stating that "a court should ignore the substantive merits of a claim or defense" when considering a motion to amend "unless it is legally insufficient on its face"Summary of this case from McQueer v. Perfect Fence Co.
No. 5 October Term 1973, Docket No. 54,414.
Decided December 18, 1973.
Appeal from Court of Appeals, Division 2, Bronson, P.J., and Danhof and Van Valkenburg, JJ., affirming Oakland, William P. Hampton, J. Submitted October 2, 1973. (No. 5 October Term 1973, Docket No. 54,414.) Decided December 18, 1973.
43 Mich. App. 144 reversed.
Complaint by Ben P. Fyke Sons, Inc., against The Gunter Company seeking payment for services rendered under an agreement. Defendant's motion to amend its answer to include an affirmative defense denied. Defendant appealed to the Court of Appeals on leave granted. Affirmed. Defendant appeals. Reversed and remanded for further proceedings.
Hyman Rice (by David F. Simon), for plaintiff.
Allan G. Greenberg, for defendant.
The Court of Appeals held that the trial judge was justified in denying the motion of the defendant, The Gunter Company, to amend its answer to set up an affirmative defense based on plaintiff Ben P. Fyke Sons, Inc.'s failure to file an annual report and pay franchise fees. We reverse.
Fyke is seeking payment for services rendered under an agreement with Gunter. Gunter's answer admits that Fyke performed its obligations under the agreement. Gunter also admitted that it had failed and refused to pay the invoices submitted by Fyke.
Three months after filing its answer, Gunter sought to amend to allege as an affirmative defense under now repealed MCLA 450.87; MSA 21.87 that Fyke lacked the capacity to maintain this action because the agreement was entered into and the work performed while Fyke was in default for failure to file its annual report and pay franchise fees.
MCLA 450.87; MSA 21.87 was repealed by 1972 PA 284, which became effective January 1, 1973. MCLA 450.2098; MSA 21.200(1098).
During oral argument on the motion, Fyke's counsel attributed the greater than six-months lapse in filing the annual report and paying franchise fees to the distraught frame of mind of the person entrusted with the task whose husband was suffering from a serious illness.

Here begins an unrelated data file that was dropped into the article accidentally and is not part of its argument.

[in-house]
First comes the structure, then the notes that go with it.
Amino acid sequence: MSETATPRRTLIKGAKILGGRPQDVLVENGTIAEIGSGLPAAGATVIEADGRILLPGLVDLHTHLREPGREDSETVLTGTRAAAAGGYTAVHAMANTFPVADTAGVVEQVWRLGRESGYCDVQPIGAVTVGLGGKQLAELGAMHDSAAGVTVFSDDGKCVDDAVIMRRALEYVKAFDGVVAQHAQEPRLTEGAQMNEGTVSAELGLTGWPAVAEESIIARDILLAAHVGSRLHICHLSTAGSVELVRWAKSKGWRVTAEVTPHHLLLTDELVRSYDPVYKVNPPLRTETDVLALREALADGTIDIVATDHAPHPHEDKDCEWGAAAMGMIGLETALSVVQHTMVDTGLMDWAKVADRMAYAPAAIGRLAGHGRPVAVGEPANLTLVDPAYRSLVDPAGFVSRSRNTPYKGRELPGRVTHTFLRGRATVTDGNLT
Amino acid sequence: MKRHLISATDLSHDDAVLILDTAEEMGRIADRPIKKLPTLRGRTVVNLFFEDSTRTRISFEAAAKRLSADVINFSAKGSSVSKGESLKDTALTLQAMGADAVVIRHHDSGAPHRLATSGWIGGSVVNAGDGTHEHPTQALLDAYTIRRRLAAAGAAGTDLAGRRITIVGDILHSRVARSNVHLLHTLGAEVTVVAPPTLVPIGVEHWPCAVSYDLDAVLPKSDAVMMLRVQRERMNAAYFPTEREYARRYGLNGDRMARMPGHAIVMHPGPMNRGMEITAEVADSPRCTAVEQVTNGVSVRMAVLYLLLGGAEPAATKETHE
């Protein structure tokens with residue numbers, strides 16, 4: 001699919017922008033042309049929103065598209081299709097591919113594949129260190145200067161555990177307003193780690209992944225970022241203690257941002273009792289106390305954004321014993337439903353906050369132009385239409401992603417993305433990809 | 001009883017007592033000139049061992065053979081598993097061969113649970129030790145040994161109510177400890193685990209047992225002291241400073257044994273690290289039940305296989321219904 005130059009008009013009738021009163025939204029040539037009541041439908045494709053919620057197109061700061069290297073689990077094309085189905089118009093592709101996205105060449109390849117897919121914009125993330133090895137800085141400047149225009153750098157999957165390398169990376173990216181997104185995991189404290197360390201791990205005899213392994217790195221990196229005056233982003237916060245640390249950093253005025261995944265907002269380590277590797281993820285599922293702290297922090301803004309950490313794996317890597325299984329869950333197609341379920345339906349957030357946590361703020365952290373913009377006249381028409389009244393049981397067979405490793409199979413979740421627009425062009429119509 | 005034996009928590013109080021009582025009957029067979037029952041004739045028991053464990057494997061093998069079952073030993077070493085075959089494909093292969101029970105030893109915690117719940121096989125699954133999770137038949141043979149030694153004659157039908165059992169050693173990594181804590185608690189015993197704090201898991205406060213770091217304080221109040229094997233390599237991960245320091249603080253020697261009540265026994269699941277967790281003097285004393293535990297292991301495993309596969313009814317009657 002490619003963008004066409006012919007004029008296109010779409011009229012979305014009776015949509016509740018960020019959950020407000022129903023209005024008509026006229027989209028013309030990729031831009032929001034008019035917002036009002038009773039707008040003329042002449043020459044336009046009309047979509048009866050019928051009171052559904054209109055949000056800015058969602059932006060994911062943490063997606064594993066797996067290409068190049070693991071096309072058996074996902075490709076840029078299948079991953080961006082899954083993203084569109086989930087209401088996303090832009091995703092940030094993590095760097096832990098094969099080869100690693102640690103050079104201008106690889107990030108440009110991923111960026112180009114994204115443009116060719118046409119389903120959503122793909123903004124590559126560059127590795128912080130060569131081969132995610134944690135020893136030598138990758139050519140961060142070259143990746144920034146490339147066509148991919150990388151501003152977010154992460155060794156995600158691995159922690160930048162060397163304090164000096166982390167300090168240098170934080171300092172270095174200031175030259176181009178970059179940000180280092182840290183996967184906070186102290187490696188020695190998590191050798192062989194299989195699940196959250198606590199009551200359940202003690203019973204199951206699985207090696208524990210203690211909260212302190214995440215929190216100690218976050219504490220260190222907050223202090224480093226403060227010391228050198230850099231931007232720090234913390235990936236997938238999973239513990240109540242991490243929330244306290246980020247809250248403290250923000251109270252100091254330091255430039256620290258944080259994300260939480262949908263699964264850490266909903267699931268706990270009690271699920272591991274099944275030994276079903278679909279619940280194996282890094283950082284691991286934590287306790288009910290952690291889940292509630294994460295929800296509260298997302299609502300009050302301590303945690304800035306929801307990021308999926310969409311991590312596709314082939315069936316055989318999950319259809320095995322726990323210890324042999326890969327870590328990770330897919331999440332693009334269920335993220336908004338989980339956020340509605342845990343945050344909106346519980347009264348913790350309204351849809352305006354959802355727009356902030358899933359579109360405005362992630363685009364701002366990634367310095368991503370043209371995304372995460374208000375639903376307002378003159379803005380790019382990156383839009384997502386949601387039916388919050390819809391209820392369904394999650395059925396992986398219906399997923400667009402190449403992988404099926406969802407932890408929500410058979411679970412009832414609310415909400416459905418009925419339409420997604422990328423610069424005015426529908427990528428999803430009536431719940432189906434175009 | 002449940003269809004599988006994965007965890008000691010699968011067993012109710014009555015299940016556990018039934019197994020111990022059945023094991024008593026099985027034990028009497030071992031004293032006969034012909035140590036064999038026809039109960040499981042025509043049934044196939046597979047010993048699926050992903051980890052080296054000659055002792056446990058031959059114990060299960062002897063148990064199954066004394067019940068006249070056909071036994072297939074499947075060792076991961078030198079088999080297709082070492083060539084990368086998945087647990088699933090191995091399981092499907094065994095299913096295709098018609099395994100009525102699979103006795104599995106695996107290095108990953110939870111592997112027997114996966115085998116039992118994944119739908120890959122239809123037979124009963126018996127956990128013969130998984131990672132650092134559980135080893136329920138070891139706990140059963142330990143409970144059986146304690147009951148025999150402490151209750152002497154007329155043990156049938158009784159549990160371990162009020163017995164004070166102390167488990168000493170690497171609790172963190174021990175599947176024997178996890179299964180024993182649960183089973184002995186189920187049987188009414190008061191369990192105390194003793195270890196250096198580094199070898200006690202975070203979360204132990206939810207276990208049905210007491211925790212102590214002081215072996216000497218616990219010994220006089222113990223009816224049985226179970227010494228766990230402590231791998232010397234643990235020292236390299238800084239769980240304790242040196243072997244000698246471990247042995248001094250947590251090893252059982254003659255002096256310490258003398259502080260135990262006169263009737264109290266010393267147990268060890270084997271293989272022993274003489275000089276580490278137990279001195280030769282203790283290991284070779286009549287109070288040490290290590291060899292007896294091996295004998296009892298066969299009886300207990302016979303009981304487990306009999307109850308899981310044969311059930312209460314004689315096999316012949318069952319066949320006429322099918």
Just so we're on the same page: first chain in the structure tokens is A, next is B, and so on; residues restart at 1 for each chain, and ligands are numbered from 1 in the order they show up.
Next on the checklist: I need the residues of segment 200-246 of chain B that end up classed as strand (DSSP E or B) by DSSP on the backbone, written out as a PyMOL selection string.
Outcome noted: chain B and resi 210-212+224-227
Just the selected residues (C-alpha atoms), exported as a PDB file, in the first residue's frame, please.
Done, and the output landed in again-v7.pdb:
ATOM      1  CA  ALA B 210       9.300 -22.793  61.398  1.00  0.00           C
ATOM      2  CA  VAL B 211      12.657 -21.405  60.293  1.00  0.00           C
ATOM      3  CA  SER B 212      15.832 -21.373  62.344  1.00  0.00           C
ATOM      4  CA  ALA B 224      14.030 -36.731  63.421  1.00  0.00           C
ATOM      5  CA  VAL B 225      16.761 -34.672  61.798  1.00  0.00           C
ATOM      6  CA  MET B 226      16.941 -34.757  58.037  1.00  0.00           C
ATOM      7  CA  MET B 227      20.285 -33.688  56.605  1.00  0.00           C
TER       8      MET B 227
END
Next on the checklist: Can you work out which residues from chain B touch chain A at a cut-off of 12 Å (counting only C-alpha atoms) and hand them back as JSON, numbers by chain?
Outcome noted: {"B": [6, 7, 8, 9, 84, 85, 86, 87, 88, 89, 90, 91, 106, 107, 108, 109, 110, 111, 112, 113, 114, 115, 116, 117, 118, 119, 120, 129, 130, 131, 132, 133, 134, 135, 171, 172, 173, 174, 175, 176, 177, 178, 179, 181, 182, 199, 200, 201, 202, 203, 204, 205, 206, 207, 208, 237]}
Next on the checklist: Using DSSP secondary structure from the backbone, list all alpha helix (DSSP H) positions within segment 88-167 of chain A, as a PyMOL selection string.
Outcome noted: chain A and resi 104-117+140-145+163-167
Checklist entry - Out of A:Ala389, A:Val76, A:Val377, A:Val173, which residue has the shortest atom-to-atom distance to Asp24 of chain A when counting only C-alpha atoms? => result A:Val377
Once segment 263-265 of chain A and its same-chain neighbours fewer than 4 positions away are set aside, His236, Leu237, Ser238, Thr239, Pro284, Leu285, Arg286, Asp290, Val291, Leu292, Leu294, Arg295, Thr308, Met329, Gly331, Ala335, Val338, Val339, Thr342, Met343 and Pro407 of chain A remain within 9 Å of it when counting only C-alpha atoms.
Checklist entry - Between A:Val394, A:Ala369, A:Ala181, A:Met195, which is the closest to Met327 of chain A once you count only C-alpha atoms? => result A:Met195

The judge, after noting that the services had been performed and finding Fyke's non-filing "justifiable", denied Gunter's motion. Responding to GCR 1963, 118.1's standard that "leave [to amend] shall be freely given when justice so requires", the judge stated that to permit the amendment, which would possibly allow Gunter to escape a potential liability in excess of $21,000, would constitute a "mockery of justice".
Gunter sought and was granted leave to appeal. The Court of Appeals, in upholding the denial of the proposed amendment, said that a trial judge may properly "evaluate the merits of the parties' respective claims" when deciding whether to permit an amendment.
We granted further leave to consider whether the "merits" of a claim or defense a party seeks to raise by amendment may properly be considered in deciding whether to allow the amendment.
Our rule, as the Federal rule, is "designed to facilitate the amendment of pleadings except where prejudice to the opposing party would result". United States v Hougham, 364 U.S. 310, 316; 81 S Ct 13, 18; 5 L Ed 2d 8, 14 (1960). A motion to amend ordinarily should be granted, and denied only for particularized reasons:
"In the absence of any apparent or declared reason — such as undue delay, bad faith or dilatory motive on the part of the movant, repeated failure to cure deficiencies by amendments previously allowed, undue prejudice to the opposing party by virtue of allowance of the amendment, futility of amendment, etc. — the leave sought should, as the rules require, be `freely given.'" Foman v Davis, 371 U.S. 178, 182; 83 S Ct 227, 230; 9 L Ed 2d 222, 226 (1962).
To safeguard and implement the policy favoring amendment, this Court has directed that upon denial of a motion to amend "such exercise of discretion should be supported by specific findings as to reasons for the same". LaBar v Cooper, supra, p 409. (Emphasis supplied.)
Underlying the trial judge's denial of Gunter's motion to amend and the Court of Appeals' affirmance was the stated concern that allowance of the amendment would cause Fyke to lose its otherwise meritorious claim and thereby "prejudice" it.
The possible impact of allowance of an amendment on the outcome of a case is not the kind of prejudice contemplated by Rule 118.1. The Committee Comment accompanying Rule 118 spells out the particular meaning of the word "prejudice" in this context:
"`Prejudice' refers to matter which would prevent a party from having a fair trial, or matter which he could not properly contest, e.g. when surprised. It does not refer to the effect on the result of the trial otherwise." (Emphasis supplied.)